Before going there, I decided to take the subway, get off in any strange station and walk around. I entered streets, shops, walked without a destination. A flâneur. It was interesting. I had a lot to think about and then that was the chance to look back on what had been happening in this crazy trip of mine. Far from friends, from home, from everything I cared about. Except from myself. When I could not handle it anymore, I went to the station. It was no secret getting there. However, I noticed the escalators were not working as they were making some repairs there and I would have to calculate some minutes more to carry the heavy suitcase all the way up. I bought some postcards and magnets in a shop. They were cheaper than at the stalls downtown.
It was already dark as we met at the station. Joy was pissed because the guy she had gone to meet was a dork. He had tried to hit on her and even open minded people like us felt a bit embarrassed by what he had said. I told her about how my afternoon had been boring and we went for the show. By the way, when we had got there in order to buy the tickets, the woman had informed us we would have different pricing according to where we chose to sit. There were some seats for 50 euros and there was a ticket, I guess it was about 2 euros and the person would have to keep standing behind the seat rows. We bought this one because Joy was one of my kind: let’s grab all the discounts we can. At the end, we stood there till 5 minutes before the show started and the lady who was organizing the seats told us we could sit on the chairs of the last row, as they would remain empty. If we had paid 19 euros, instead of 2, for the seats in the last row I would have been very angry. But thanks to our wit we paid almost nothing and we had all the comfort. The opera was in German, but the story was known, Hansel and Gretel.
We had a nice time, there was a break and we could check out the people in the audience. It was fun.

As we left the opera, we went straight to Lorenzo’s because we were cold and tired. Guess what? He was not there. But Joy sent him a text message and he told us he would arive home, in what, 40 minutes or so? It was time to go to Magistrat again and have some more food and drinks while we waited for him. I guess then we were already considered part of the club as we had been there the day before. The mafia atmosphere had disappeared or we had already got used to it. As we were finishing our snacks Lorenzo arrived and we went upstairs for the warmth of his place and to some deserved rest. I would be leaving pretty early in the morning, as my train was to depart at 7h30 or something. Joy would leave after lunch and she was taking the train as the ride with the freak was no longer an option. So we sat on the bed I was sleeping on and Lorenzo asked us about what we would take of Vienna, as impressions and all. We kept talking and although we had not drunk anything, I remember only some fragments of what we talked about. I remember we talked about so many things like threesomes, and gayness and I gave them a gift I had brought from Brazil. The sad thing is that when we bought the gifts before going, we had no idea who we were meeting. Joy for example was a total surprise and one of the best ones of the trip. We talked for hours, until about 2 am. We had some fun at the computer, as Lorenzo showed us a funny website called Chatroullette. It consists of a webcam chat in which the site connects you to random users in the world. Mostly there are people (men) in few clothes and low lights, but I remember we three laughed out loud as we tried to have a chat and people would disconnect on us and then we had to start again (or we would do that).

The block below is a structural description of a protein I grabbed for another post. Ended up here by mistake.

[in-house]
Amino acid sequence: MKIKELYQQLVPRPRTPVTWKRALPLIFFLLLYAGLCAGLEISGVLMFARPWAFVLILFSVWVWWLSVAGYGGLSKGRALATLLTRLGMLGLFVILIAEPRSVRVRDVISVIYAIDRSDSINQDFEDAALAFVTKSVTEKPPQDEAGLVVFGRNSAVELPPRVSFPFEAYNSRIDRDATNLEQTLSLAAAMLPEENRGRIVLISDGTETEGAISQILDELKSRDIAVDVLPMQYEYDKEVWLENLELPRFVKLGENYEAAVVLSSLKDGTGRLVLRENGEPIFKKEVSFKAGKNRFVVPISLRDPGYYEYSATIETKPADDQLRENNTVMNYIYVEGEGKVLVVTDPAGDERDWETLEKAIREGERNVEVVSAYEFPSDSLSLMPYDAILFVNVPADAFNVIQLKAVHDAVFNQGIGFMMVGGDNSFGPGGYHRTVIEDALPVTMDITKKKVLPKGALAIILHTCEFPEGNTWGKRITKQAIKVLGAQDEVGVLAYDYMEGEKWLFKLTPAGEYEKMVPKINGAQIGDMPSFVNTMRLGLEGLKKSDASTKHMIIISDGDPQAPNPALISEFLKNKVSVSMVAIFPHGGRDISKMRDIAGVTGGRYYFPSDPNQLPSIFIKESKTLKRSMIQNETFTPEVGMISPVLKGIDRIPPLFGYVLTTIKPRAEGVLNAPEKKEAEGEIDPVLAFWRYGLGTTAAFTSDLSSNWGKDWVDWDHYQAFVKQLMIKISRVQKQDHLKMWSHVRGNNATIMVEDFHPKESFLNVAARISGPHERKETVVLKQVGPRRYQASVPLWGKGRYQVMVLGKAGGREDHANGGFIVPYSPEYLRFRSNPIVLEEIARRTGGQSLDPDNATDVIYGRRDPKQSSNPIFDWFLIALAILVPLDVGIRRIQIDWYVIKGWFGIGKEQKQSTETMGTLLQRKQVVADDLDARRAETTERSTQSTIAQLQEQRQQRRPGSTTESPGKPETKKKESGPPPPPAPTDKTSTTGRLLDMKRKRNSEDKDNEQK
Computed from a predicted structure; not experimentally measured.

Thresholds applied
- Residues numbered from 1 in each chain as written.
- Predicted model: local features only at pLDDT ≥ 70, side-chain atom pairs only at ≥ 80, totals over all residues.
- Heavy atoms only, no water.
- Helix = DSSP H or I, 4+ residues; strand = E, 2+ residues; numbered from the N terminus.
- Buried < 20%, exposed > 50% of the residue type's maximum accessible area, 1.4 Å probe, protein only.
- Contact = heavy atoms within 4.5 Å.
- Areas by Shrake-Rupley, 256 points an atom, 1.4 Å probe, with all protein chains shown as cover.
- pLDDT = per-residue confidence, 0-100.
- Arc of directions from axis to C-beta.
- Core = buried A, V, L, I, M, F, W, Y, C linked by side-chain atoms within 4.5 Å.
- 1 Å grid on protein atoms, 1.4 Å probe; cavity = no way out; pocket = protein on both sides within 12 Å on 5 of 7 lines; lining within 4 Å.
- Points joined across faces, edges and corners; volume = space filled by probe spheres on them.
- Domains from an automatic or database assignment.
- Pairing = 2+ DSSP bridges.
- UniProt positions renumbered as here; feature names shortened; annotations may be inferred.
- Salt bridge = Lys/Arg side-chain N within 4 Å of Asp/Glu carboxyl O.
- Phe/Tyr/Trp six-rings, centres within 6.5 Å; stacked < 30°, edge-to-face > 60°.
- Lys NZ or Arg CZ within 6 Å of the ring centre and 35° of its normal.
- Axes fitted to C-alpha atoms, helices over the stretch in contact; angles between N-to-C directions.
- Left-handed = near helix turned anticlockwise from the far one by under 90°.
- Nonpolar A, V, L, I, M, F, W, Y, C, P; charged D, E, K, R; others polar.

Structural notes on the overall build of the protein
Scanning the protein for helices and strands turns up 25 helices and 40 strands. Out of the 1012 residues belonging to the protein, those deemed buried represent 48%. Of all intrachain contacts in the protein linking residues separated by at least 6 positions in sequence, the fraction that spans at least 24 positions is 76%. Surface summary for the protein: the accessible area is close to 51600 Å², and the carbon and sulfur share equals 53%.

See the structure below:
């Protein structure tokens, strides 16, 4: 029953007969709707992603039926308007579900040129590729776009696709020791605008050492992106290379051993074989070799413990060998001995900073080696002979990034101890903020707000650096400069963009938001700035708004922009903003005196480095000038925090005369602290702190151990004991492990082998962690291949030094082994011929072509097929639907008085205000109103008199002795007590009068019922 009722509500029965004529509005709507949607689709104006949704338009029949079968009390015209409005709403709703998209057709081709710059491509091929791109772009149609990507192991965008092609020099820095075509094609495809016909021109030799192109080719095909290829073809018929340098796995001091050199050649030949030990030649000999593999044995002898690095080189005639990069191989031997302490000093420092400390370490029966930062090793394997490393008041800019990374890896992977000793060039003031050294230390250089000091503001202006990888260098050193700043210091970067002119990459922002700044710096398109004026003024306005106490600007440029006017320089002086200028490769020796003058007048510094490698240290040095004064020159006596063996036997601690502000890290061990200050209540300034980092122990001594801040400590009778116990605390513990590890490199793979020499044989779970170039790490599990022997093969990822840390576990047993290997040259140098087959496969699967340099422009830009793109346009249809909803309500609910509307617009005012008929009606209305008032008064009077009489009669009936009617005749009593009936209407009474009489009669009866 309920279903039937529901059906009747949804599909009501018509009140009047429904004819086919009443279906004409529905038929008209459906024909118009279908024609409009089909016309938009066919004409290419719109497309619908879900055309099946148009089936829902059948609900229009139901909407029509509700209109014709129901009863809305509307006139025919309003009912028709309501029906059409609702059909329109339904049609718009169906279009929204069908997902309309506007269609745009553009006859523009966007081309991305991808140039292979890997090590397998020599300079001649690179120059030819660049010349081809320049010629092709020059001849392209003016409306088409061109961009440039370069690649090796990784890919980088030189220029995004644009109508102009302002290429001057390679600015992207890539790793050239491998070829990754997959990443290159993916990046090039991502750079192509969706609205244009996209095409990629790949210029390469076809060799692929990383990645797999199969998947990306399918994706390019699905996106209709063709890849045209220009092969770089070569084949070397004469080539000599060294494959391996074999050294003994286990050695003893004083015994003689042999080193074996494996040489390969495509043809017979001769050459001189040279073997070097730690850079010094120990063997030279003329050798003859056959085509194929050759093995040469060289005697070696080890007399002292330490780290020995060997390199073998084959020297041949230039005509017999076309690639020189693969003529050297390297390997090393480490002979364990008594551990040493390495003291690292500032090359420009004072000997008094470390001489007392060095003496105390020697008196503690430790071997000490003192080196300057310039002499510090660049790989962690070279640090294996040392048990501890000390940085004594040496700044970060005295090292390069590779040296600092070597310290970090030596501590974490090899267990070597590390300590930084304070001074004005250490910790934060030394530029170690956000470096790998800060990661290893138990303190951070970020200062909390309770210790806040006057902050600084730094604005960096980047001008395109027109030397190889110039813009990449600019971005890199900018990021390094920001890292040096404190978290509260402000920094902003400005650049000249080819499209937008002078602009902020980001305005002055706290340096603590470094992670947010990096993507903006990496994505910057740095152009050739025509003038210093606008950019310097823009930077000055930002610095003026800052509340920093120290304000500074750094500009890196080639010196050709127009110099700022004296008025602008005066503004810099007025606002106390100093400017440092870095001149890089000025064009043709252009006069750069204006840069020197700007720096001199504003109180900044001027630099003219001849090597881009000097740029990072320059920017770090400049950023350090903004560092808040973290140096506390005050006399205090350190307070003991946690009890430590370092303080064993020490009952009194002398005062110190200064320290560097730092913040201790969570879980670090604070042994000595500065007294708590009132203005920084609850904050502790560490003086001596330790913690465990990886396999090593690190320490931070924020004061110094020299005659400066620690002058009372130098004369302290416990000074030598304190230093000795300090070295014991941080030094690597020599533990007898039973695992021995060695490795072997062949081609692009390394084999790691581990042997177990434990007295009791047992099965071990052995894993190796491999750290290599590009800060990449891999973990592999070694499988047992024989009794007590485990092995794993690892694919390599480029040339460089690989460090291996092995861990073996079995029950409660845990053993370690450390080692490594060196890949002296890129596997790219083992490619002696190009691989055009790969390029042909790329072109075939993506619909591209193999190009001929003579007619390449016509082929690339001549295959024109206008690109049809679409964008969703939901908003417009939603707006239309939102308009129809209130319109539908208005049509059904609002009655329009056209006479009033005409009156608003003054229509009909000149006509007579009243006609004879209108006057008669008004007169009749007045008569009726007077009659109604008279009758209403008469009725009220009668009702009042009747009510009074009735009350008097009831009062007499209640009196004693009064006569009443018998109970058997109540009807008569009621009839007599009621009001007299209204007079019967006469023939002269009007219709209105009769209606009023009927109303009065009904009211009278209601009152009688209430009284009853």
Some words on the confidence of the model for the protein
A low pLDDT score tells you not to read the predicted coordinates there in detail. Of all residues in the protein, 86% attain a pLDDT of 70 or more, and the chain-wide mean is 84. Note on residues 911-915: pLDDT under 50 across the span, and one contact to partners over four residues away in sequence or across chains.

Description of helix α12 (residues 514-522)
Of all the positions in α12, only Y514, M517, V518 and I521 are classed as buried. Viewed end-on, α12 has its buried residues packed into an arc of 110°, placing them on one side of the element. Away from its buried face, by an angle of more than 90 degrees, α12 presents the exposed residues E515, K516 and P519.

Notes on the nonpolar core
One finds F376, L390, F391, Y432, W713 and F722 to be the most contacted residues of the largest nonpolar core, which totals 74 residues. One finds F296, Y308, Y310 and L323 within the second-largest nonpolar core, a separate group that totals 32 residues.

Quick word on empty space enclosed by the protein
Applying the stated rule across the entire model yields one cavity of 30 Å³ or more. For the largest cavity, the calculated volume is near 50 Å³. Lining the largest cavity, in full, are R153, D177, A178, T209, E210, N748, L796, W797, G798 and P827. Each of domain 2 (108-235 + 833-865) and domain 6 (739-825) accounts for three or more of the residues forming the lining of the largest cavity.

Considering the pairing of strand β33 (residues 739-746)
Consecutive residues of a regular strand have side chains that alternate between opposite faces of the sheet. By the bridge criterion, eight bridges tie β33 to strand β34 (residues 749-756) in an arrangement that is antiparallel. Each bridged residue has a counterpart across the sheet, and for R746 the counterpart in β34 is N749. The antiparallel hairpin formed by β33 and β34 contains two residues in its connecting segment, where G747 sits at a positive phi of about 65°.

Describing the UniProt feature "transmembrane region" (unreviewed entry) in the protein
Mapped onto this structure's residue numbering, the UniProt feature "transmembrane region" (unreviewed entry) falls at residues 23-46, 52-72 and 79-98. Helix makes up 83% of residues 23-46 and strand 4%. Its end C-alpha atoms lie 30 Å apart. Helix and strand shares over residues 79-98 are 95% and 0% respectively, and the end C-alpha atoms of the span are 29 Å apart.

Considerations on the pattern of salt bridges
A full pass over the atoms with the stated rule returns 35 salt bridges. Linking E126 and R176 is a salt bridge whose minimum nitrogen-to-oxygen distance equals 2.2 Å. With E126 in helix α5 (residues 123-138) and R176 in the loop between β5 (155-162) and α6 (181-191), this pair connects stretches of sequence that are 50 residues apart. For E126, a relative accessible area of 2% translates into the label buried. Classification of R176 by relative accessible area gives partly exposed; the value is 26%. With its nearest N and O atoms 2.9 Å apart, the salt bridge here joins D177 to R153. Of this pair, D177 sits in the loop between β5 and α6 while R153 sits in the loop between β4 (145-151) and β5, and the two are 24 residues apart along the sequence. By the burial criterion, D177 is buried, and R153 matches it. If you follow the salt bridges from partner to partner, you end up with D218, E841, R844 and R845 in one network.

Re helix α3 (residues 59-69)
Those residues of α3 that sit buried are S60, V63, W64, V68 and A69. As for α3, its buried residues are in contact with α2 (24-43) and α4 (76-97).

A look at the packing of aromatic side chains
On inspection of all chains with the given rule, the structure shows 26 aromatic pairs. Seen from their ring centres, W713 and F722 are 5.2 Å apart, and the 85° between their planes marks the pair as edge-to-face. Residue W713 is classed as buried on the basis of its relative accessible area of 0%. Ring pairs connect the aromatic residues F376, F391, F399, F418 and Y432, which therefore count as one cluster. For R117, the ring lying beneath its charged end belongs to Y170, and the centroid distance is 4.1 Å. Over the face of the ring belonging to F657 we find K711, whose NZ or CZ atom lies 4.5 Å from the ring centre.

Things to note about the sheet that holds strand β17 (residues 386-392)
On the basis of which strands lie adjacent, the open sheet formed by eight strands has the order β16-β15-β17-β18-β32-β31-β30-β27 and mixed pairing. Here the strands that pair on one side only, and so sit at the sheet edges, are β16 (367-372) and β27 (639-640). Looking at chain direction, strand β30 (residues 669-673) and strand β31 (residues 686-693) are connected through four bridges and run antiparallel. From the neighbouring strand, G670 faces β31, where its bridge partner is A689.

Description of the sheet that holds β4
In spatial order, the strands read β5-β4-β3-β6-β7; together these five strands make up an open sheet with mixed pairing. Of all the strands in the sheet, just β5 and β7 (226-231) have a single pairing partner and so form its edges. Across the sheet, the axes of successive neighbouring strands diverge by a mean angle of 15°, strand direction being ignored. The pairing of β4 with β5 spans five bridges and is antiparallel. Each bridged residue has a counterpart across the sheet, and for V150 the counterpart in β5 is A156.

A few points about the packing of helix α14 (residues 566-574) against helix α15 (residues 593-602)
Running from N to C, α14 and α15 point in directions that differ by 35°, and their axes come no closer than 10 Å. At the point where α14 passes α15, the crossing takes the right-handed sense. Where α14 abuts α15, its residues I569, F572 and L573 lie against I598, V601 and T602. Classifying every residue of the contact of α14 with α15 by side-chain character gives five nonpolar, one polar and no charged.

It was a bit before 3am when we turned off the lights and I knew very soon the alarm would go off and Vienna would be gone, but the memories... oh sweet memories would linger